When the pressure is on, product experts can get facts wrong: study

Apr 12, 2011

(PhysOrg.com) -- Buying a new car, camera or computer? New research from the Sauder School of Business at the University of British Columbia shows that seeking advice from expert acquaintances to choose between models of merchandise might not always be good idea.

Sauder marketing researcher JoAndrea Hoegg discovered that experts with specific product knowledge can make mistakes when relying on their memories to compare complex goods – especially when they feel compelled to explain how they arrive at their decisions.

“Ours results suggest that when experts use their memories to compare with numerous features, such as cameras, cars and computers, they often falsely recall information and fill in gaps with prior knowledge,” says Asst. Prof. Hoegg, who co-wrote the paper for the Journal of Consumer Research with Sauder PhD student Ravi Mehta and New York University marketing professor Amitav Chakravarti.

The researchers found that when asked for help with purchase decisions, those deemed in the know feel obliged to provide detailed explanations about how they arrived at their recommendations. And that a feeling of accountability and pressure to give the best recommendations can lead to false recalls, according to the study.

“People who identify themselves as experts feel the need to compare brands across all of the available features,” explains Hoegg. “And when some of the features are not comparable, their extra effort leads them to insert information from memory, which reduces the quality of their conclusions.”

The researchers conducted an experiment with 113 undergraduate students who were given lists of features for two fictitious brands of videogame consoles. Half of the features were directly comparable and half were not. For example, online gaming was listed for one brand and nothing about online gaming was indicated for the second.

Participants were allowed two minutes to study the lists of options for the video game consoles. They were then provided an unrelated questionnaire created to assess their level of videogame console expertise.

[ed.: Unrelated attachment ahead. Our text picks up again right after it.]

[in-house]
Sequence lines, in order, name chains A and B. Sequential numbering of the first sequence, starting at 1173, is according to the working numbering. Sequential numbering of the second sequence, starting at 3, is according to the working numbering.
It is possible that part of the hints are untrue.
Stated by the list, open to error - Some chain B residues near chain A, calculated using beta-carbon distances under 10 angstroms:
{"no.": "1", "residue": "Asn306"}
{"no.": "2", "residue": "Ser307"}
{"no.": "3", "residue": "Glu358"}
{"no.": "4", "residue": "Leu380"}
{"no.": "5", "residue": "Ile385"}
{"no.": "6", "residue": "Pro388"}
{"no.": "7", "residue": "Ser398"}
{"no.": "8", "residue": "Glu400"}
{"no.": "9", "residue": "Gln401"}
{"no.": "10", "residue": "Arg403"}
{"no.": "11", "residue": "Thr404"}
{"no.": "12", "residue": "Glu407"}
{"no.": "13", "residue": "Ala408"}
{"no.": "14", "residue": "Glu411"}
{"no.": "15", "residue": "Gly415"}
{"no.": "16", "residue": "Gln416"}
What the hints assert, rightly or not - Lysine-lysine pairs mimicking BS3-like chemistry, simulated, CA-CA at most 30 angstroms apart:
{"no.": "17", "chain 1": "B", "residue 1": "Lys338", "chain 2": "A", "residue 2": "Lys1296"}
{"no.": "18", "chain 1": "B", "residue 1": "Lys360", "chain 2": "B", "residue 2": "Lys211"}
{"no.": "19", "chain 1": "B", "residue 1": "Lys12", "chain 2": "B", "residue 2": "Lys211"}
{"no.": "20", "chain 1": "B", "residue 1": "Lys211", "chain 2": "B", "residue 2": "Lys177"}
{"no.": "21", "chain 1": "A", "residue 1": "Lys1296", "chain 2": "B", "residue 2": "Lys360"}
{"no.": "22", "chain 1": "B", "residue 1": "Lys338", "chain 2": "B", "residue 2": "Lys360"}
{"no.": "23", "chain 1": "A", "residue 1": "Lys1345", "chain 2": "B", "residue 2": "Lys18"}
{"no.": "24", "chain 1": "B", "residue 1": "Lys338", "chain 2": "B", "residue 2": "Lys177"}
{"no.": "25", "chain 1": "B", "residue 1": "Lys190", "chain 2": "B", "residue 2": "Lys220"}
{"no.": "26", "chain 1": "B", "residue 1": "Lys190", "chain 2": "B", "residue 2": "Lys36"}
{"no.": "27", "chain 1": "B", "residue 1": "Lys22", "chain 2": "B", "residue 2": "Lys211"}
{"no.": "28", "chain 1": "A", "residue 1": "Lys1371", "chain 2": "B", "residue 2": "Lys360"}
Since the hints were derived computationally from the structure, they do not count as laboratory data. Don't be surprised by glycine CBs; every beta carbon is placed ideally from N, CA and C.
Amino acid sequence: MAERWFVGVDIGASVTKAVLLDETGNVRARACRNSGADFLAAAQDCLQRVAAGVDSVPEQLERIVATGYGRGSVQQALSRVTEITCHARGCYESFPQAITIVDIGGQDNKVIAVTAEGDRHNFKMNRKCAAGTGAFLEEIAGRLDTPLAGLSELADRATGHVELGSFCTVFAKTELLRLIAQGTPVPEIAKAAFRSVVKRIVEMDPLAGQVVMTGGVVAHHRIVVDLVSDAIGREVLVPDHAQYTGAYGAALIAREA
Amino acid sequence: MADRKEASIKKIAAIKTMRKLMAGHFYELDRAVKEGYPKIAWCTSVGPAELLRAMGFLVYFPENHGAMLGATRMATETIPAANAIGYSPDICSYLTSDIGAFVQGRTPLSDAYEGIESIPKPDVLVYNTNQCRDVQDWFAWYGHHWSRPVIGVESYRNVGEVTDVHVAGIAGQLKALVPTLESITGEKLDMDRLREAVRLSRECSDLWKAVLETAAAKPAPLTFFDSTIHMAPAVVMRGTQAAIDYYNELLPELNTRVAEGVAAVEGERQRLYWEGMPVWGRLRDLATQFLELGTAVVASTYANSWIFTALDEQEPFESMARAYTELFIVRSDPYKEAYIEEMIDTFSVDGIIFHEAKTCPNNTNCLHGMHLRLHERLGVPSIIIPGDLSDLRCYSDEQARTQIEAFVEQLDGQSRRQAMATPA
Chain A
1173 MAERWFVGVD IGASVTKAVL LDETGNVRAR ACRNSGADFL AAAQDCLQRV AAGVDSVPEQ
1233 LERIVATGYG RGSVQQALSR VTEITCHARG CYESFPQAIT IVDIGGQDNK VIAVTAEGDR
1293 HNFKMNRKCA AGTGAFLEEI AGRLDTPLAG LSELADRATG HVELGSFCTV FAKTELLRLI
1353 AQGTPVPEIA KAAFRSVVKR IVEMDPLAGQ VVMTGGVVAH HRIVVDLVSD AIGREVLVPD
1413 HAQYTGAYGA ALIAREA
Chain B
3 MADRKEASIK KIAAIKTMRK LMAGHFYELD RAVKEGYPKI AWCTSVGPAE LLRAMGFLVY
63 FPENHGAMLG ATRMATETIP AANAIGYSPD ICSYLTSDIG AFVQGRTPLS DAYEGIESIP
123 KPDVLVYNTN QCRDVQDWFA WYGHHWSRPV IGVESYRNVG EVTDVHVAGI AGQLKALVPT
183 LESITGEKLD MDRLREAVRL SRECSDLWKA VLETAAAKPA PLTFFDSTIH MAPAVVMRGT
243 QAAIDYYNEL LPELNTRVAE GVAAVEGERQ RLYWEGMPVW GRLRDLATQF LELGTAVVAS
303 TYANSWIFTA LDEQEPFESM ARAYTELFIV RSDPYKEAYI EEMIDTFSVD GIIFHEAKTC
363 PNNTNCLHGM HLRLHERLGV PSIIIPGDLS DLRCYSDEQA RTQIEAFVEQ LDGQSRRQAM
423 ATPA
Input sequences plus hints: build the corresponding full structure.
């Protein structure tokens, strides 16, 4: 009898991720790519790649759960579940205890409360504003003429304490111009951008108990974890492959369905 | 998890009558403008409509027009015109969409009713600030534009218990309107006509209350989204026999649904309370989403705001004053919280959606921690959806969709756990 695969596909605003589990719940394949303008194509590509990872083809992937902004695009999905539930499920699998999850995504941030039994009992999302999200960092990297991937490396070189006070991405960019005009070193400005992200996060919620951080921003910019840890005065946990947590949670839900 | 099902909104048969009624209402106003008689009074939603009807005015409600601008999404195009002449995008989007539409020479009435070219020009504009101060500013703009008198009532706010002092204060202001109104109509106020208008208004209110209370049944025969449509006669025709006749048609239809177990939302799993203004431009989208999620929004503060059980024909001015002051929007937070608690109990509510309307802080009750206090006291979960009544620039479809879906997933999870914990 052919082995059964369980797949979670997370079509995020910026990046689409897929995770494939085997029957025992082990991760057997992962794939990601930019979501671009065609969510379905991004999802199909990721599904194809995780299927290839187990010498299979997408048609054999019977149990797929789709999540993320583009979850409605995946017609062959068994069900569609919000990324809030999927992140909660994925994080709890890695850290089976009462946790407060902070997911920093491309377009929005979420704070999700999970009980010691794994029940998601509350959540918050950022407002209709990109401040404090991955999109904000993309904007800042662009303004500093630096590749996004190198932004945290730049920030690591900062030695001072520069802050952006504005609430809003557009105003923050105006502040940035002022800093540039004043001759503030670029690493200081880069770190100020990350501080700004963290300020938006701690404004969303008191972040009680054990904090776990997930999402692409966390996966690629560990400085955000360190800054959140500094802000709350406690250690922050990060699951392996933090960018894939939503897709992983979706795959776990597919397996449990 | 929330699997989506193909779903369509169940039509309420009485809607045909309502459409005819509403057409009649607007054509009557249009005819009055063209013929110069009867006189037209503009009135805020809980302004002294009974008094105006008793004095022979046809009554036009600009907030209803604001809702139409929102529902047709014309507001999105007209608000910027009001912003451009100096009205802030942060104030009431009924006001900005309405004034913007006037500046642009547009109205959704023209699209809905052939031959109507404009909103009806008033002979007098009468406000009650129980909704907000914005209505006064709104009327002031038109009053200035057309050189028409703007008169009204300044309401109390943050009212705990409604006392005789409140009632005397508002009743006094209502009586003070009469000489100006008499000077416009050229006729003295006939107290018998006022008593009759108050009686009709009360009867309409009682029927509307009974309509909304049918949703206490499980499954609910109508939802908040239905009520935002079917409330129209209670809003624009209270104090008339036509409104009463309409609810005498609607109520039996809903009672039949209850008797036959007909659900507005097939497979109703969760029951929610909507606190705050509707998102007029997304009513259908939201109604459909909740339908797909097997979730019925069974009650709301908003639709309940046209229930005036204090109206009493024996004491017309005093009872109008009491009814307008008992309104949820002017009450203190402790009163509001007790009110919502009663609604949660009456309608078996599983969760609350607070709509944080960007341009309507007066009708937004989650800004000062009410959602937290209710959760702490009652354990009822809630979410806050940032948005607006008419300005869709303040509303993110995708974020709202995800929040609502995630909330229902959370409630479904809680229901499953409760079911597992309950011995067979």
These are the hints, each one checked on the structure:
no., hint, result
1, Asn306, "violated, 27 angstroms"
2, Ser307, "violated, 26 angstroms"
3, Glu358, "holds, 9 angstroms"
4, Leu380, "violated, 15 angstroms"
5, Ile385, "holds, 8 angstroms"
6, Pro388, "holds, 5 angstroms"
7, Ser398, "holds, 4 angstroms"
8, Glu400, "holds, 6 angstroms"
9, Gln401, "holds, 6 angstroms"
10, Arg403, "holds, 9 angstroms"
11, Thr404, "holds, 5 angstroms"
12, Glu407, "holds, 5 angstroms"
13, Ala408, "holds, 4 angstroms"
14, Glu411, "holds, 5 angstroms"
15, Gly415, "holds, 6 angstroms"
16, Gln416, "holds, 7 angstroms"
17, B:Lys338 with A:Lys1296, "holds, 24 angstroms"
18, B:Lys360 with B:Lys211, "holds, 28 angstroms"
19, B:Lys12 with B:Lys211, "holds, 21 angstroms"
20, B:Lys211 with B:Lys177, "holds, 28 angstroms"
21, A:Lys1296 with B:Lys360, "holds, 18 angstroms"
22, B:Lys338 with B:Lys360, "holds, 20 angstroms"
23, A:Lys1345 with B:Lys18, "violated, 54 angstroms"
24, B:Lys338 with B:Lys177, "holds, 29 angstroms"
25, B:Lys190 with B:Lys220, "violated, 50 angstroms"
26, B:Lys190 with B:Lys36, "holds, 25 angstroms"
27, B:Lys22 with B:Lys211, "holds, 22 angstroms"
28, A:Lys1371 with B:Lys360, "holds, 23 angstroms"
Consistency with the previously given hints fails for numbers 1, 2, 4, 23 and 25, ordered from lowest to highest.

After a delay of 20 minutes, the subjects were given a test which required them to recall the lists of features which they had been provided for each console brand.

Finally, they were given a questionnaire designed to measure their feelings of accountability, asking them to rate their reactions to statements, such as, “I was concerned about the possibility of making a mistake.”

The results show that the participants who scored high on the questionnaire rating their level of expertise about videogame consoles also had the highest percentages of false recalls of product feature information.

They also demonstrated that the false recalls were being driven by the higher sense of responsibility felt by experts, as those who made a greater number of false recalls also reported the highest levels of accountability for their decisions.

Furthermore, in a similar experiment in the study, the researchers discovered that when experts are relieved of their sense of accountability and do not feel the need to provide detailed explanations about their judgments, they made fewer false recalls.

“If you’re turning to a product expert for advice,” says Hoegg, “it’s important that they have access to all of the information they need to make their decisions, and that you let them know that it won’t be the end of the world if they make a mistake.”

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